Now Audi’s decision to make this GT rear-wheel drive (unlike the previous version) makes sense. It’s a hooligan. An absolute yob. 612bhp to the back tyres, and seven levels of assistance to butt up against while you find out if you’re as handy as you think you are. Good luck.
Does it make you feel like an invincible superhero?
It’s ultimately not as clever a gadget as Ferrari’s freakish Side Slip Angle Control, which debuted on the 458 Speciale and has been getting craftier ever since. In a Ferrari, the interventions are invisible, so it feels like the huge crowd-pleasing powerslide you’ve just executed was all ‘you’. You never sense the guardian angel of electronics cupping your ego, walking a coded tightrope millimetres from disaster.
In the R8 GT, you feel your binary fairy godmother trimming the rough edges off your lack of talent through the seat of your pants, and smell the overworked rear brakes when you stagger out after a few laps. Yes, laps. Of course this is for track use only. You wouldn’t dream of using it on the road, would you?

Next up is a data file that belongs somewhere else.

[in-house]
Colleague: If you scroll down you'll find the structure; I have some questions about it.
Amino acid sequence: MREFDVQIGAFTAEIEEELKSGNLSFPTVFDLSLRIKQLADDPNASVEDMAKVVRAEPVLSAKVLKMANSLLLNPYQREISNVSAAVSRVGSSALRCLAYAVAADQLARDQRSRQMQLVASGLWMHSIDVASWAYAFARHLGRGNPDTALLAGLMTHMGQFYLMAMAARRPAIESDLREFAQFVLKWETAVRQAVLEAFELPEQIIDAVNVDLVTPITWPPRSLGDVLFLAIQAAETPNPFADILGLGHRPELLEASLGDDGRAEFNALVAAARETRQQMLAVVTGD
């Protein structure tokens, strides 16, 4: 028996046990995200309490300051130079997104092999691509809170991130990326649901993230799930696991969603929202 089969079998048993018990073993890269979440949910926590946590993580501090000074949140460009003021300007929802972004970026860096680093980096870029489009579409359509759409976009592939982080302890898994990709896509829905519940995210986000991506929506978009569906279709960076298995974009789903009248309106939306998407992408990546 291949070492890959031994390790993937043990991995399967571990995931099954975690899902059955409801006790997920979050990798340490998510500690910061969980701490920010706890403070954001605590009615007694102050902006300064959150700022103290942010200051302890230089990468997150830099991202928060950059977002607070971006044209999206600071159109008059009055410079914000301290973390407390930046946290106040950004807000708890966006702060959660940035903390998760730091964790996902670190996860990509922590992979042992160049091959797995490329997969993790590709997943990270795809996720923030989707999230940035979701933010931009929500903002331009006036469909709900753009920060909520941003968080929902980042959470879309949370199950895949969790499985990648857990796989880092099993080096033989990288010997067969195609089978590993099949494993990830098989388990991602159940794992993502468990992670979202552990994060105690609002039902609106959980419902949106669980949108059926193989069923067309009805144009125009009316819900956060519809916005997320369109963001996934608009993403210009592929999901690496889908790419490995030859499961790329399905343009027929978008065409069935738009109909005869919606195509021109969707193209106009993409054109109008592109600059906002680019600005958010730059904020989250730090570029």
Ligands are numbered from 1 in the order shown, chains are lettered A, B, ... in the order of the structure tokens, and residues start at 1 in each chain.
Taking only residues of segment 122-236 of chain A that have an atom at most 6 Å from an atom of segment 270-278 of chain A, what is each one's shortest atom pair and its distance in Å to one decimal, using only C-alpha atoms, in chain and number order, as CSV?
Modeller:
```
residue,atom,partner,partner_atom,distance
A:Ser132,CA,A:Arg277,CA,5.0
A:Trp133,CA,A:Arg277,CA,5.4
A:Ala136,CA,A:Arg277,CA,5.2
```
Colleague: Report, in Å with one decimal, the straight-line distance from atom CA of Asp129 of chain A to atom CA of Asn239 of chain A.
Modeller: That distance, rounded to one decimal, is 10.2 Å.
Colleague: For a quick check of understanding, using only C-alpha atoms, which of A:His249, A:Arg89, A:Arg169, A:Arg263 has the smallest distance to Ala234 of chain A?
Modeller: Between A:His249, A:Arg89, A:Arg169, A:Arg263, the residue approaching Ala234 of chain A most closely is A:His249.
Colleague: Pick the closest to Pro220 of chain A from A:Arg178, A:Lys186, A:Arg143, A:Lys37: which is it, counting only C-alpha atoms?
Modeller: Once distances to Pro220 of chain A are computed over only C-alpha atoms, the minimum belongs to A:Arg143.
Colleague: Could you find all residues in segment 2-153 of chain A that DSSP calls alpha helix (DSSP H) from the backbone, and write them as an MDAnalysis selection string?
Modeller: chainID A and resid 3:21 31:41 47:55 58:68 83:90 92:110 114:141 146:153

It’s still a hugely impressive party piece, and does make unsticking the R8’s sticky (optional) Cup tyres less intimidating. You’re quickly aware that big ol’ V10 is a hefty lump and once it starts to rotate, you can’t be lazy in catching it. In the wet, it’s still possible to pirouette in at Level 3 on the safety-newt-o-matic. Whoops.
This sense of digitally-augmented fun will upset some purists, but I like that the R8’s swansong is more about naughtiness than lap times or raw pace. Hopefully this – and the skiddable new RS3 – are a harbinger of things to come from Audi Sport’s electric era.